Sunday, March 14, 2010

Is "The Dow Jones Of Pop" Music UP? Or, DOWN?

Chris Molanphy pens a great read that everyone who picks songs for radio airplay really needs to ponder.
"Like the Dow Jones Industrial Average — which signifies the health of the U.S. economy for millions of people who understand little about what the Dow means or how it works — the Hot 100 has been around long enough to become both a fixture and a shorthand for the current state of U.S. popular music."

I agree with him that "airplay-heavy charts are deadly. That’s the situation we had in the early 2000s, when iTunes hadn’t been invented yet and the labels had killed off the retail single."

Sadly, he needs to look deeper than his hypothesis of so-called "tyranny" that radio is "The Chief Executive" which undermines a good chart.

Too often it's promotional tactics manipulating radio in pursuit of album sales due to their higher profitability to the label which drives the chart and thus lacks "... checks and balances: the Congress that is the consumer.. (You also need a supply of good songs, obviously, but there’s not much a chart can do about that.)"

Stations (and labels) which ignore their own listener-driven research should not be surprised when the audience complains about too much repetition (aka too many songs I don't like) and looks to downloads for songs they simply like better than the chart hits being spun ad nauseam by radio in pursuit of #1 on the traditional trade magazine rankings.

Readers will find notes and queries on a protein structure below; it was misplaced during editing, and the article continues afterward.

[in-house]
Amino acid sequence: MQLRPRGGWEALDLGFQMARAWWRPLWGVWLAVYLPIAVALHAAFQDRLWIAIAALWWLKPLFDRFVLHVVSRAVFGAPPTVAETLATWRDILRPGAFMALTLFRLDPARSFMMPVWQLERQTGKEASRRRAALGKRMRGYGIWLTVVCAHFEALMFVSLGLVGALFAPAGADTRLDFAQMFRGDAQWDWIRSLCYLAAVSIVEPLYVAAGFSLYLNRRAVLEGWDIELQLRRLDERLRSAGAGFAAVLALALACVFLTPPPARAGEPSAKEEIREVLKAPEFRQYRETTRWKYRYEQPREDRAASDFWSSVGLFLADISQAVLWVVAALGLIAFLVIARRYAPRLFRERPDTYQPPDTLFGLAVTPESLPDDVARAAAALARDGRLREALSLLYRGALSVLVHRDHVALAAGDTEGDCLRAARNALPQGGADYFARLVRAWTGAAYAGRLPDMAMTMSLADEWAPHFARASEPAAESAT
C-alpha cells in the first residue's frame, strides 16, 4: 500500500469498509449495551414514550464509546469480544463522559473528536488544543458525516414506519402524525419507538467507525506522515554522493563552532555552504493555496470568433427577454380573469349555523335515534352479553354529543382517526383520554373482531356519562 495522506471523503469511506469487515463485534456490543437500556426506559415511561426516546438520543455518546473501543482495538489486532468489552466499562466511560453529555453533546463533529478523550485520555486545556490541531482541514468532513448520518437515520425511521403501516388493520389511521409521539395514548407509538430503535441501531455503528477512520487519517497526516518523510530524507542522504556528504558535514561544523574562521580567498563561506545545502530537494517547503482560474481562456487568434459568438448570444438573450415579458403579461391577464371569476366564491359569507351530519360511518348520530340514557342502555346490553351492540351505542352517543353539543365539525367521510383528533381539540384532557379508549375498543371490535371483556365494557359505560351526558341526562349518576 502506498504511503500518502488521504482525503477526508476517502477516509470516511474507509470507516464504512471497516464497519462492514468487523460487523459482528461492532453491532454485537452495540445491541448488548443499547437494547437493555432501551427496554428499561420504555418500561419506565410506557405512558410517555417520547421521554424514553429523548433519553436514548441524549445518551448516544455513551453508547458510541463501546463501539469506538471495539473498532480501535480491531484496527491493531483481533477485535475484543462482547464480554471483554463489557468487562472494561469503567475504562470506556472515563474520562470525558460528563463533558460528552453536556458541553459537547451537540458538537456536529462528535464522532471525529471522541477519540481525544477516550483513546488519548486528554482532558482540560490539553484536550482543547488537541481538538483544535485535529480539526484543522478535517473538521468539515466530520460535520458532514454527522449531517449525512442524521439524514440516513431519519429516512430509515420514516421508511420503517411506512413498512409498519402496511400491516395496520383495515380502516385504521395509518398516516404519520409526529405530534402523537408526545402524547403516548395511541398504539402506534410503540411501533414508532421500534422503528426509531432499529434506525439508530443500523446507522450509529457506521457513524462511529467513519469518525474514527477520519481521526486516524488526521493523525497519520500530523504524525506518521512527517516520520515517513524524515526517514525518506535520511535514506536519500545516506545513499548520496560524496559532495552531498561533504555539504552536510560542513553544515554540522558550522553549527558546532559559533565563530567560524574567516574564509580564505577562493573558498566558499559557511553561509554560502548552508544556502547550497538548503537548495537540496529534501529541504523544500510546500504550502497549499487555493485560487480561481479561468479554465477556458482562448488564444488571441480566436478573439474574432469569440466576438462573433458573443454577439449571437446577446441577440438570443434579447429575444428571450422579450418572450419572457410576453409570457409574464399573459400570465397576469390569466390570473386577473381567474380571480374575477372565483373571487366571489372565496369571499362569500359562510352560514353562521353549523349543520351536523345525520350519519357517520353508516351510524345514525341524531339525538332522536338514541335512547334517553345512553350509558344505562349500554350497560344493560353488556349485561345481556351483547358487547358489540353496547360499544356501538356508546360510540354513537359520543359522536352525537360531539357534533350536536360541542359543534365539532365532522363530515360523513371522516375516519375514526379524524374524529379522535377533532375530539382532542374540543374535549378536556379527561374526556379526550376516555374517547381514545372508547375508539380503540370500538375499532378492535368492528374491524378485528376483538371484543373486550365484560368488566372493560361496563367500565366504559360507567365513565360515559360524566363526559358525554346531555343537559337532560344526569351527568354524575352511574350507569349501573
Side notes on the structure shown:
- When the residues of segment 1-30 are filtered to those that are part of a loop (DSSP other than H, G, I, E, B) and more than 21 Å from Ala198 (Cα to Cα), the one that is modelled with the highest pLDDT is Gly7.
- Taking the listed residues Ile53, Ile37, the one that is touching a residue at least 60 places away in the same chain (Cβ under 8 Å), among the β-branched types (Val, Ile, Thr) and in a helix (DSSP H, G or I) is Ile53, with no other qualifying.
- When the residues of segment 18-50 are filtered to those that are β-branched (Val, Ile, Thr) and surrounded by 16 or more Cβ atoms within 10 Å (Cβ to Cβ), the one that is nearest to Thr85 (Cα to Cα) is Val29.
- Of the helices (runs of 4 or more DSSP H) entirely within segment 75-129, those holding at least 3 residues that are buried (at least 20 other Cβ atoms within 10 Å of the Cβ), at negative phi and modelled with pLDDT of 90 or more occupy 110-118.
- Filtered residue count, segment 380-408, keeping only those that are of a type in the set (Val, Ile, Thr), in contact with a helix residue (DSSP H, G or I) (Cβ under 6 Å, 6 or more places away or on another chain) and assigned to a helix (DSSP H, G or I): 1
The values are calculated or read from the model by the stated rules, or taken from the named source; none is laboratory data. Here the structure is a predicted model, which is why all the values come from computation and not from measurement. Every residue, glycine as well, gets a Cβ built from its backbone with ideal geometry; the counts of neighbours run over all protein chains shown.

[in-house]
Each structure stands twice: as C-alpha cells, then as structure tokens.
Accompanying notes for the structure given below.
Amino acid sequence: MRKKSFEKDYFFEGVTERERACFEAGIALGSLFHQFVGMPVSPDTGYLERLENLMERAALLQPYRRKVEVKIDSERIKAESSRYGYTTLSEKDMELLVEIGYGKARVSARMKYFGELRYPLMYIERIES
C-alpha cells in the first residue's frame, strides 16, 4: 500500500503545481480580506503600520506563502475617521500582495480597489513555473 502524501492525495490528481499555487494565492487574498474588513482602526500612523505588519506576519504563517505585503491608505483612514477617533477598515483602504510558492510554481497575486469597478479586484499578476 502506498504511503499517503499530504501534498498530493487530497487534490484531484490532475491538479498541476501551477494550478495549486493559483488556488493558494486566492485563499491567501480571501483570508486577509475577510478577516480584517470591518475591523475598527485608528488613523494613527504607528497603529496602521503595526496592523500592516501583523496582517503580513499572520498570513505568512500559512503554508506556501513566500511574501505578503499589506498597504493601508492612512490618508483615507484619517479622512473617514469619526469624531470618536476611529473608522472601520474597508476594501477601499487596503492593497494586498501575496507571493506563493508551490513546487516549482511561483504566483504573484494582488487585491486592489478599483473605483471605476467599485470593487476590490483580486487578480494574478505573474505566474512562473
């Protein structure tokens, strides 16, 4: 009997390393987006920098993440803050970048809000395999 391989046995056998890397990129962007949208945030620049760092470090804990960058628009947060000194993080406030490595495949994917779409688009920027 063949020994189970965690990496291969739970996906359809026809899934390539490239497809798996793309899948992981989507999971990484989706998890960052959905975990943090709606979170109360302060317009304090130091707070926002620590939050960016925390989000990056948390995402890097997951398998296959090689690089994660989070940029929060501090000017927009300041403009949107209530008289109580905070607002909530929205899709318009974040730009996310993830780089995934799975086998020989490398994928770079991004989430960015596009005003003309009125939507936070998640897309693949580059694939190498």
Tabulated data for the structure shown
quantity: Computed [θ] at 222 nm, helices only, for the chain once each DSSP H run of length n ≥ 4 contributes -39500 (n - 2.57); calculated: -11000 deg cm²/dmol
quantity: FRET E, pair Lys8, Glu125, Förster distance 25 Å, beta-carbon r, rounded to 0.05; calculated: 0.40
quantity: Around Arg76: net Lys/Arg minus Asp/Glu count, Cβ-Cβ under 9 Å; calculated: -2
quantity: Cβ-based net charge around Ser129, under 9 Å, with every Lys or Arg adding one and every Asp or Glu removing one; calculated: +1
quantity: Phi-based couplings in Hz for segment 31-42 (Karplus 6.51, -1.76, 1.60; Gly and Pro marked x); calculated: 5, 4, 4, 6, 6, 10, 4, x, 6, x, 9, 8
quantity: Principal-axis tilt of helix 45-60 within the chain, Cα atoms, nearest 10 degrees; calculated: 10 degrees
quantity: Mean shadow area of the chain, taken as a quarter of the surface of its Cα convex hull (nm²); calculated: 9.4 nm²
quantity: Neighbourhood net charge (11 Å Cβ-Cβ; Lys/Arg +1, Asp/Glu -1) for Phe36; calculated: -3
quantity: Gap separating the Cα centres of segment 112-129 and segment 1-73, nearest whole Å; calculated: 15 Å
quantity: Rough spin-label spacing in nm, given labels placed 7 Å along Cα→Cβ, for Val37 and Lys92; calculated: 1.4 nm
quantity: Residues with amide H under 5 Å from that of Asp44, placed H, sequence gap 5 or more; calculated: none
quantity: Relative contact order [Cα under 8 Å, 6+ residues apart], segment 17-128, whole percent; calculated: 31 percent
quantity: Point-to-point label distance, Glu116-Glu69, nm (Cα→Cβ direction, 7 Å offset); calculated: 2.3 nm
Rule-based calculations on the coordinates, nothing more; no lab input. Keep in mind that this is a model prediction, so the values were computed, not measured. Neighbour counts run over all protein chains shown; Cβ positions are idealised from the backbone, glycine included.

Old habits are hard to break, but it's time we all rethink what we're doing and why.


Facebook Thread said...

Michael W. Rogers
radio has no ear for music period. lost it in the late 70's there is only two PD's who have an ear for music on the radio. sorry 3 you want to know who they are 2 are in alaska one in washington. and me. that makes 4

Scott Clark
I hate to tell you this, but I am number 5. Have been for 20 years and can prove it. Charts? We don't need no stinking charts! Ask our listeners....

Mark Langston
Charts should be a Result of what the listener often programers move song to quickly becouse of charts...we would do our format a service if we took more time to established more and stronger recurrents.

Michael W. Rogers
Man I have not done this in years so much fun. Scott is #5 ok sorry. Mark Langston good point, what the listener wants, but who has the money to buy a focus group. It's what you don't play that you win. And establish recurrents with time.
By the way it's not your fault there aren't any good songs out there. The music you play now has no meat on and won't hang around. From a Distance the last good song. And I can say that because I don't program anymore and nobody cares.
Honestly programmers get bored and you know it. You are sick of the same song so you change it. A programmer with an ear knows a good song won't change it ...and will give it time. But you programmers are too busy because you are ops managers now. You are tired because you do mornings and you get bored with the music because you are not a listener. And radio is a business and you have to make money. That's bottom line. You always forget that. It's a business.